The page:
Bennet approached the fire with a trepidatious caution. He could see two men sitting by the fire, eating or talking, giving him mostly no notice. The night was cold and he wanted to be near the warmth.
"That's far enough," a voice carried over from the fire. "Talk before I shoot ye dead and leave ye to the buzzards."
"I am cold and alone," Bennet stopped moving and stood there hugging himself. "My horse died on me and I am being pursued by a man with a powerful need to shoot me for which I cannot account."
Silence floated over them for some time. Desert wind blew sand into Bennet's boots and he shivered.
"Well come on by the fire then," the voice said. "No sense in ye freezing thirty feet out from warmth when it sounds like you got a story to tell."
Bennet surged forward and braced himself by the fire, warming his cold extremities.
"Thank ye," he said. "It was gettin' harder to walk."
"Desert nights will do that to ye."
The man who had spoken with Bennet was a tall, slim man with a lanky beard and a pock-marked face. He wore a worn hat low over his eyes, his hands working over a piece of wood with a knife, whittling some small figure or another. On the other side of the fire sat what looked to Bennet to be an Apache, but he admitted to himself that he could not rightly tell all injunes from each other. For all he knew, the man could have been a Mohawk or a Sioux. He wore his hair long and tied at the back with a strip of buffalo leather, his head bent low eating from a small bowl of beans and meat. A rich man's waistcoat bound his chest, a fob-chain linking the two sides together and he had on buffalo leather chaps over faded green trousers, store-bought at one time or another. A sheath on either hip held large Bowie knives and two gun-holsters sat behind them.
"Your injun a quick-draw?" Bennet asked.
"He ain't my injun," the man said. "He's my friend. Calls himself Kuruk."
"It means Bear," Kuruk did not look up from his meal. "My father was Bodaway. Firemaker."
"Right. And I'm Lester Simms," Lester eased his hat up from over his eyes. "Now, how's about you tell us that story about why you're so alone and running?"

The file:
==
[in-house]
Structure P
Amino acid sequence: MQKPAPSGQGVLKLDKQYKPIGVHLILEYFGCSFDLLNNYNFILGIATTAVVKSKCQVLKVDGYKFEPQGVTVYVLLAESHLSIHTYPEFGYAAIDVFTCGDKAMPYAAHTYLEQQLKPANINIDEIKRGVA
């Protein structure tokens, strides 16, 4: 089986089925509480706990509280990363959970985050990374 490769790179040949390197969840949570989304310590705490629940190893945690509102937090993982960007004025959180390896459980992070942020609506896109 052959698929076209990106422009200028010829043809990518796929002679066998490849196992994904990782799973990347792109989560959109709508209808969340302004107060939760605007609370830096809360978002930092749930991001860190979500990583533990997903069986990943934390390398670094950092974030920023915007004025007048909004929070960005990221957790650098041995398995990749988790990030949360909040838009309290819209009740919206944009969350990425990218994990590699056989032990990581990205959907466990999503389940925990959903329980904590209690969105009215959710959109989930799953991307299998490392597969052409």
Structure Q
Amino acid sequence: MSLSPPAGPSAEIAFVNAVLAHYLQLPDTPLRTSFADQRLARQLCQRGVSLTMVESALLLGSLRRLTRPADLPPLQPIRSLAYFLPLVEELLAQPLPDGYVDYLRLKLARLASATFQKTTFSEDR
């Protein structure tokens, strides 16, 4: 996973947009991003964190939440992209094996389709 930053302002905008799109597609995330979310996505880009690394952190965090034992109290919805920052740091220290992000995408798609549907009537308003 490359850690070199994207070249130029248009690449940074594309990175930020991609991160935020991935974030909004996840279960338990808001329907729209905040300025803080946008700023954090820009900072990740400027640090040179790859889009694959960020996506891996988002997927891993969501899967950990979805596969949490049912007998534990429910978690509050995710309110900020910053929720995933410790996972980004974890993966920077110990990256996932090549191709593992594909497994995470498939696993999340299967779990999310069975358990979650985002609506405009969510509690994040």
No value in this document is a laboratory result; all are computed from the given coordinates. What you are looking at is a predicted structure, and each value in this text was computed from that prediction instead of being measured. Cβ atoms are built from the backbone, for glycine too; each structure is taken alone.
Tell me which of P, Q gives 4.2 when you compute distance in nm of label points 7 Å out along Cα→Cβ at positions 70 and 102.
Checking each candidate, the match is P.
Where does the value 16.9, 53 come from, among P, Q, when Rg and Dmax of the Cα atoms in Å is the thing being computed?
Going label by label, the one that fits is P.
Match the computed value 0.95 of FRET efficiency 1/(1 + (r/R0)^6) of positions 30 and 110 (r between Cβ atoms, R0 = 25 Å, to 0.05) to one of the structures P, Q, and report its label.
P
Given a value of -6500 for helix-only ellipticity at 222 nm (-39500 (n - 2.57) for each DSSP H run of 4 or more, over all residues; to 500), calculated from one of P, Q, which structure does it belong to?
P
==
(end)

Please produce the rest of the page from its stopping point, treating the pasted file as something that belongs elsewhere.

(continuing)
"I suppose you got the right to ask."
Lester nodded. Bennet sighed and began his story, telling the two men about the USS Maine, about the Mexicans, about the counterfeit money, the death of his family and finally about the man with the gun. When his tale was done, he sat in silence as the men absorbed the tale. Kuruk had stopped eating, eyes focused on this new man with strange tales of death. The fire danced orange across their faces and the sand, sending sparks like stars up to meet their brothers and sisters in the sky. Finally, Lester spoke.
"You was gonna be stationed on the USS Maine?"
"And you deserted?"
Lester considered this a moment. "Not too brave."
"It was smart."
Lester laughed. "That it was. Better to be a coward for a day and continue living than a hero for the same day and die."
"Some might consider it better to be a hero forever than a coward til you die," Bennet said. He shifted, cooler sand moving up as the warm sand blew away. "But I figure I like your position better."
"Figured you might."
Lester paused a moment.
"And this man," he asked. "With the gun. You don't know who he is?"
"No thoughts on who he might be?"
"Well," Bennet considered this a moment. "At first, I thought he might be some kind of lawman, but in general lawmen don't open fire on ye without tellin' ye first that they's there. Some kind of honour in the way they do things."
"But this man," Bennet continued, "baited a trap with the bodies of dead men and opened fire on us unsuspectin'. Could be Pinkertons if it ain't the Marshalls, but I ain't sure. Could be a mercenary a some kind, though I could not figure who would have hired him and why for to come after me."
"Perhaps a man not too keen on your money business?" Lester offered.
"Or a man wanting to take it over," Kuruk offered from his place further from the fire.
"Thems is all options worth thinkin' over," Bennet said. "But until I find out, they's only unfounded figurins."
"You should face him," the Apache said. "Like a man."
Bennet turned and looked at the brooding native. "How could I face down a man I could not see?"
"Now you are ahead of him," Kuruk said. "You can wait. Face him down when he comes this way."
"This man is a better shot than I am. He will see me from many miles off and take me down before I have a chance to sight my weapon."
Kuruk grunted, annoyed. "You are just a coward."
"We just got done establishing he is," Lester laughed. "Now come on, let's get some sleep and hope this man don't happen upon us in the night."
As it happened, the man did not find them that night. They awoke to a new day, the sun beating down as uncovered and unholy hot as ever, sitting shining and powerful in the endless blue that stretched over the desert and to the end of the earth. Vultures circled on the horizon back the way Bennet had come. They had found the Mexicans and would eat well for days. It was then that Bennet thought of Jake, who was also likely having his eyes plucked and flesh picked by carrion birds of all colours and sizes, leaving him to be more dust on the endless mesa.
"Come on," Lester said. "You can ride double with Kuruk until we find some traders or a town and get ye a new horse."
Kuruk nodded at Bennet and patted the edge of saddle behind him, helping Bennet up.
"Hold on tight," Kuruk said. "We ride fast."
Bennet wrapped his arms around the musuclar Apache, his skin smooth and sun-worn. The Apache let out a whistle and the horses were off, bounding through the sand, racing time itself. But behind them, coming up closer, creeping like death, was the man with the gun.